How did the Commission assess Romania's second payment request?
The European Commission has today endorsed a positive preliminary assessment of part of the milestones and targets linked to Romania's second payment request under the Recovery and Resilience Facility (RRF), the key instrument at the heart of NextGenerationEU.
On 16 December 2022, Romania submitted to the Commission a payment request based on the 49 milestones and 2 targets set out in the Council Implementing Decision for the second payment. After looking at the evidence provided by the Romanian authorities, the Commission considered 47 milestones and 2 targets out of the 49 milestones and 2 targets to be satisfactorily fulfilled.
The 47 milestones and 2 targets that have been satisfactorily fulfilled demonstrate progress in the implementation of Romania's recovery and resilience plan. They cover reforms in the areas of the green and digital transition, as well as reforms and investments related to improving governmental coordination for public policy delivery, improving water management, supporting tourism and promoting culture. Other reforms and investments are aimed at improving human resources management in the healthcare sector, enhancing tax administration and the sustainability of the pensions system, modernising infrastructure in education, ensuring the independence of the judiciary and stepping-up the fight against corruption. The payment request also covers reforms to improve road safety and investments to financially support the private sector.
The Commission has found that two milestones related to energy investments (specifically, milestone 129 and milestone 133) have not been satisfactorily fulfilled. The Commission acknowledges the first steps already taken by Romania to fulfil these outstanding milestones, though important work remains to be done. The Commission is therefore activating the ‘payment suspension' procedure, under Article 24(6) of the RRF Regulation.
In line with the RRF Regulation and as explained in the Communication published on 21 February 2023, this procedure gives Member States additional time to fulfil the outstanding milestones, while receiving a partial payment linked to the milestones and targets that have been satisfactorily fulfilled.
How do the milestones fulfilled by Romania under the second payment request effectively support the green transition?
The green transition is supported by reforms linked to eight milestones included in the second payment request. These relate to the promotion of sustainable transport and road safety, the decarbonisation of the energy sector, the establishment of a fund to support residential and public buildings' renovation to make them more energy-efficient and earthquake-proof, and a new boost to electricity generation from renewable sources.
How do the milestones fulfilled by Romania under the second payment request effectively contribute to the digital transition?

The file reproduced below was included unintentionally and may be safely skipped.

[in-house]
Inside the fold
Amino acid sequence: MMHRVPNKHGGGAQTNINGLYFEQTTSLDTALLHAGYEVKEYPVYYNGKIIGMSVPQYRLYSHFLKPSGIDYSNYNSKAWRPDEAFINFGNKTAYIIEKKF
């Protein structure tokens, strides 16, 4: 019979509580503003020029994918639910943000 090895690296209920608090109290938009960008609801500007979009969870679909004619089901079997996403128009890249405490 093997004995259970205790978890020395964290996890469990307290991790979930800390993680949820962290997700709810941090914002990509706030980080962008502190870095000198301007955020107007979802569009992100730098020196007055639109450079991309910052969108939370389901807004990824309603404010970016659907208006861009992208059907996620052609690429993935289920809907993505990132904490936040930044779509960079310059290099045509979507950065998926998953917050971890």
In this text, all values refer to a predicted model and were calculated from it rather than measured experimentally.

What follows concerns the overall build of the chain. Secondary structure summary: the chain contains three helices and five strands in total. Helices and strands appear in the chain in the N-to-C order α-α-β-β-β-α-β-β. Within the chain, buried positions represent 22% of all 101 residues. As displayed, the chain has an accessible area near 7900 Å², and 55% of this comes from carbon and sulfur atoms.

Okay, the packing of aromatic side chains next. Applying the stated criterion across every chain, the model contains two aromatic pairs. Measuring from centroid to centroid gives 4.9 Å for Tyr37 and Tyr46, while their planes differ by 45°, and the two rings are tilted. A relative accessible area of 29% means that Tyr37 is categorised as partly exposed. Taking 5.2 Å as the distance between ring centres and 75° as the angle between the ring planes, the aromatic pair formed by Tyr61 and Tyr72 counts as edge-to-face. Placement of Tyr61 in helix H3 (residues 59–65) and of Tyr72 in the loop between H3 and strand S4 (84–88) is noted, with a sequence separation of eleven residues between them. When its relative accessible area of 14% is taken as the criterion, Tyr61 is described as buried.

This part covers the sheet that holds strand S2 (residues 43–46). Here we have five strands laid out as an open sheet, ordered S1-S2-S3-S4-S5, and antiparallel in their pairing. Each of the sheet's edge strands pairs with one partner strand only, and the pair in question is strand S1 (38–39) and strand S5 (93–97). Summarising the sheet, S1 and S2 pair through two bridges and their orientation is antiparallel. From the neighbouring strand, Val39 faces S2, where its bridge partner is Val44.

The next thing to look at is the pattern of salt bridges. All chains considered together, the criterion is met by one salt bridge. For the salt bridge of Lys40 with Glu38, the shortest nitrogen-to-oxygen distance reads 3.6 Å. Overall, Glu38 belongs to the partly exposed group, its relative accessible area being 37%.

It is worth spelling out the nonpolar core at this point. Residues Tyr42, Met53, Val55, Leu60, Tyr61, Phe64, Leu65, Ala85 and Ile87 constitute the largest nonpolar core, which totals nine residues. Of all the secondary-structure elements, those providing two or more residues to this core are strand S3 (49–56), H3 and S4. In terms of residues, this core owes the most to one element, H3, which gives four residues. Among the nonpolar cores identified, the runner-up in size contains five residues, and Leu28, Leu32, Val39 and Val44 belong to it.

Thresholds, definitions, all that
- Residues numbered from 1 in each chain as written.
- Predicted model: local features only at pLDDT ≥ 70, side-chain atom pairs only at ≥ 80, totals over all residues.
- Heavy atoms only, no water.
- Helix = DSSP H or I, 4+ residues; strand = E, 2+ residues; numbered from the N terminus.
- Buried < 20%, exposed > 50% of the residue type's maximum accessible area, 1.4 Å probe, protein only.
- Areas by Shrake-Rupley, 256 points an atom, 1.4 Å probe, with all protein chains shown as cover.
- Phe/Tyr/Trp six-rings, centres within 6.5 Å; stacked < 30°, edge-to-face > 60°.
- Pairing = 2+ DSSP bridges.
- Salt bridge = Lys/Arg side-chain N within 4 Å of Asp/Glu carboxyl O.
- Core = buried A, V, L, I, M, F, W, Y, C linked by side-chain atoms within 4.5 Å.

These milestones cover the final study on the feasibility of developing government cloud infrastructure, the entry into force of the law for the governance of cloud services for the public sector, the entry into force of the interoperability law to ensure data can be accessed and shared across different public systems, the signature of a contract for the implementation of government cloud infrastructure and multi-country projects related to processors and semi-conductors. Romania launched a tender for telecom companies to grant 5G licences and another one aimed at boosting the digital skills of SMEs' employees.
How do the milestones fulfilled by Romania so far contribute to improving Romania's economic and social situation, and its resilience?
Four fulfilled milestones under this payment request advance key tax and pensions reforms. They will make enrolment in the electronic system of the National Agency for Fiscal Administration (ANAF) mandatory for all taxpayers; prevent tax evasion by strengthening cooperation between ANAF and the Labour Inspection authority; improve budgetary planning by introducing a performance-based methodology; and ensure the fiscal sustainability of so-called ‘Pillar 2' pensions (i.e. mandatory private pension scheme) and facilitate digital interactions between users of Pillar 2 pensions and private pension funds.
The social reforms under this payment request will facilitate the introduction of work vouchers, contributing to boost the formal employment of those who are now officially ‘unemployed' or ‘inactive'. The adoption of the National Housing Strategy and its action plan will also contribute to reducing severe housing deprivation for vulnerable people, especially for those in marginalised communities.
Other milestones fulfilled under the second payment request are related to the digitalisation of the education system, financial support for educational establishments with high risk of drop-outs, technical support for the governance reform of the education system and the greening of buildings of the pre-university facilities. In addition, contracts have been signed for the setting-up of 110 nurseries. Romania is also granting funds to universities for improving their digital infrastructure and the digital skills of students and staff.
Does the achievement of these milestones contribute to an effective implementation of the Plan?
The fulfilled milestones constitute significant steps in the implementation of Romania's recovery and resilience plan, and of its broader reform agenda. For example, one of the milestones refers to streamlining public policy planning in the short and medium term, while adequately linking institutional strategic planning mechanisms with budgetary programming and strengthening the framework for carrying out impact assessments. This is an important step towards achieving a better coordination, formulation and implementation of government policies, as well as to increase transparency and trust in the public sector. This framework should also ensure that reforms included in Romania's RRP will be conducted in the most efficient way.